“Sometimes I still hear him talking in my ear but these days I say, no chance mate, no more.”

When I was first approached Newport Women’s Aid some years back with a project idea, I felt strongly about telling a real story through photographs. One that showed a different side to the usual images depicting despair and bruises, normally used to illustrate domestic abuse. I wanted to tell a story about empowerment and choice, about how a group of women there had fearfully but courageously walked out of their ‘safe’ and secret domestic war zone to break that secret. To honour themselves with a new beginning.

Like a lot of people, I mainly thought of Newport Women’s Aid  as providing a helpline and refuge in a time of crisis.  This is true, they do. However, I quickly realised that there was much more going on behind the scenes to support them further into a safer life, beyond that first crucial phone call.

“He keeps sending me parcels in the post” said a woman who left her abusive partner the year before. “One came from Amazon – it felt like he was back in my house again. So I told myself, it’s only a book, he can’t hurt me anymore.”

The Freedom Programme was devised by Pat Craven, and is now used by many women’s aid centres as a weekly rolling programme. Each session covers the typical personality traits of the perpetrator. It’s a chance for women to drop in, listen, realise and share their own experiences. When I joined them for my first session, I became completely overwhelmed at how brave these women really are.  Being faced with a list of traits connected to their very own abuser, and watching the realisation dawn upon them, was such a powerful experience. It was incredibly humbling to be part of.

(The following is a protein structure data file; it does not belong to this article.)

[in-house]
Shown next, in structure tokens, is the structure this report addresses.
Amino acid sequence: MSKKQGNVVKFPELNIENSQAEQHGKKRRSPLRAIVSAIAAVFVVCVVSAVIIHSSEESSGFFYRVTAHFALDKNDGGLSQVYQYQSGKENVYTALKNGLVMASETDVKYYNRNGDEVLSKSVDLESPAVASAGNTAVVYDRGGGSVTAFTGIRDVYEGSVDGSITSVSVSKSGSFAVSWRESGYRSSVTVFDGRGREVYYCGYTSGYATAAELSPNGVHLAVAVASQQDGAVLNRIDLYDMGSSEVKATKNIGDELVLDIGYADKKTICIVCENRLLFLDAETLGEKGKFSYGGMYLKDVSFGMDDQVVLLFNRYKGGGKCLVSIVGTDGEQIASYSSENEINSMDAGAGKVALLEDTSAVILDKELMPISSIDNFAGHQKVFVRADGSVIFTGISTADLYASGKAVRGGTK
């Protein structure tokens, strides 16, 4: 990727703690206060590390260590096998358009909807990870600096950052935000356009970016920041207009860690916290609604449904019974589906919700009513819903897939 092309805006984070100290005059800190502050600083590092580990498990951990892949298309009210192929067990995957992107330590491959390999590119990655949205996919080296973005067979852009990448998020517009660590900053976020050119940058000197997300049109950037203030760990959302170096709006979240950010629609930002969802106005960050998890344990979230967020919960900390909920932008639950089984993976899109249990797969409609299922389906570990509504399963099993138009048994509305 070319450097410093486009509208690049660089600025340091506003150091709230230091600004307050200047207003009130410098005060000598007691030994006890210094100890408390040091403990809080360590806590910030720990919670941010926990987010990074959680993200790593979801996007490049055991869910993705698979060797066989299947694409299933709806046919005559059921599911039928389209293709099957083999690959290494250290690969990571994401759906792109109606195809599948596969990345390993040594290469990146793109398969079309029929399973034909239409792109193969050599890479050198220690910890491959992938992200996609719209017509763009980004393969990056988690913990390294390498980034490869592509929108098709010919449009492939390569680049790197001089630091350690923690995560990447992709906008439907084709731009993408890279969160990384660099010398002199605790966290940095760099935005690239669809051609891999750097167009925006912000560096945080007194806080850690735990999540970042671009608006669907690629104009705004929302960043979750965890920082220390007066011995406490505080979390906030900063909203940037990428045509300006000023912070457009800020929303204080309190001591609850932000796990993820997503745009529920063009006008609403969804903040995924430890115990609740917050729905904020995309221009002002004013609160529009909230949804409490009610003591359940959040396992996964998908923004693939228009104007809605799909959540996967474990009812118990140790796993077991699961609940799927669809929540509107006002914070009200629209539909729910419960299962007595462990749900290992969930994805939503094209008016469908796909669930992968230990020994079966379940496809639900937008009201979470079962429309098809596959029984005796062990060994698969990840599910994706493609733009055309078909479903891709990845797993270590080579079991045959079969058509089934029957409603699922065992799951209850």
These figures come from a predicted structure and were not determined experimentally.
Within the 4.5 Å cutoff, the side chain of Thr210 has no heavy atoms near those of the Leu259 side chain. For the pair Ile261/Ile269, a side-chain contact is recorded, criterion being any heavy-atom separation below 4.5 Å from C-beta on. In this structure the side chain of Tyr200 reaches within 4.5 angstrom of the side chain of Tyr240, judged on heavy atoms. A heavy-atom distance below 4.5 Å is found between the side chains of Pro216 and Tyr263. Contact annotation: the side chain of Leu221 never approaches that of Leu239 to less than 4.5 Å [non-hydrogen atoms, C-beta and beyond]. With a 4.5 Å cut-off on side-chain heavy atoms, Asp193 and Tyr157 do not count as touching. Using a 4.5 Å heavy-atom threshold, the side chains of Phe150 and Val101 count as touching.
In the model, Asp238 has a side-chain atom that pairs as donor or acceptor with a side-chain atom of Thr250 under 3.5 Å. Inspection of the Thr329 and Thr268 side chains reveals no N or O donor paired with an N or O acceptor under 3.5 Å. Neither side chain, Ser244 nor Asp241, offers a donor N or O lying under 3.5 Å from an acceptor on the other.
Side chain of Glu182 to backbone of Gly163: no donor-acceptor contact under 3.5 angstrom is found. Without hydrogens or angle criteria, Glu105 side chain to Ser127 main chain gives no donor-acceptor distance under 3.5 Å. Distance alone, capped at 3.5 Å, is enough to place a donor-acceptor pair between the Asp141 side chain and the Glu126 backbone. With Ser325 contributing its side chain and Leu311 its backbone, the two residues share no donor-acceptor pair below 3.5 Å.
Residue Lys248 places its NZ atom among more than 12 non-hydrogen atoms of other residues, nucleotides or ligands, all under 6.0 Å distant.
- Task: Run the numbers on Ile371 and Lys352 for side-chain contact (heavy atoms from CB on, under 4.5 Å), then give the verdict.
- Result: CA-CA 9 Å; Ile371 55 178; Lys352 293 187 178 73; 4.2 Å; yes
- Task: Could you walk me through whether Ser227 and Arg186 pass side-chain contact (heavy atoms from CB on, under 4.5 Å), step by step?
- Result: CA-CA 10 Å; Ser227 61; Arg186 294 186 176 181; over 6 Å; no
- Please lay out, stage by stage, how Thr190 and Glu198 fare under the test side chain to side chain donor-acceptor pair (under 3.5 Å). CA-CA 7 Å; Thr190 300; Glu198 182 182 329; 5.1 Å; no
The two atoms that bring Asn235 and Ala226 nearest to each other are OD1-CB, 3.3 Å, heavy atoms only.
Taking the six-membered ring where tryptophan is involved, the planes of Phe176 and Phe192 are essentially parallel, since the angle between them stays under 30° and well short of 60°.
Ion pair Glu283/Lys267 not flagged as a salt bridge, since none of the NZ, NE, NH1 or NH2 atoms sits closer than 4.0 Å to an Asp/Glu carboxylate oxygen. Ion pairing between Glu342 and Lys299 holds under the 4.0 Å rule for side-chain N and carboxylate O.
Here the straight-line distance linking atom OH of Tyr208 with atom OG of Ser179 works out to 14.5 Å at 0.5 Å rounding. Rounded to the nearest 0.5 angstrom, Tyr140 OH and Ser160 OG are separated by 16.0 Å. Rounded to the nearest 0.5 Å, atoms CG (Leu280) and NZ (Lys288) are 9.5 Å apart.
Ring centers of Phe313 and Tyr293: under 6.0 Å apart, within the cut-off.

I didn’t take my camera out of the bag during these early sessions, I just listened, acknowledged, then quietly went off to sit in my car afterwards to reflect some reality of what they’d actually gone through. I can only now admit here, that I sat in the privacy of my car and sobbed… partly in disbelief and frustration that this happens, but mostly for their bravery, for the new life they’re determined to find.

documentary photo project by Jo Haycock

“When I said I was going to leave him he locked me in my room” said one women during a Freedom Programme session. “Then it was my birthday and we had some mates around, so I waited until they all got really drunk and fell asleep. That’s when I left” she added, “I walked out and came here, that was my birthday.”

During this year-long project, I joined in many Coffee Morning workshops. Not your typical coffee morning I might add, these involved self defence lessons, yoga classes, even discovering the art of origami. These were mindful, connective and most importantly, safe and creative spaces for them to explore themselves and become the women they know they really are.

documentary photo project by Jo Haycock documentary photo project by Jo Haycock documentary photo project by Jo Haycock documentary photo project by Jo Haycock

Over time, these amazingly strong and beautiful women started greeting me with hugs and wise-cracks about how they see life these days – we even had an impromptu ‘book club’ one morning and discussed Fifty Shades of Grey while decorating our cup cakes. 

It was a euphoric moment for me as a documentary photographer, that these women knew I was there and felt safe with me being among them. I was trusted.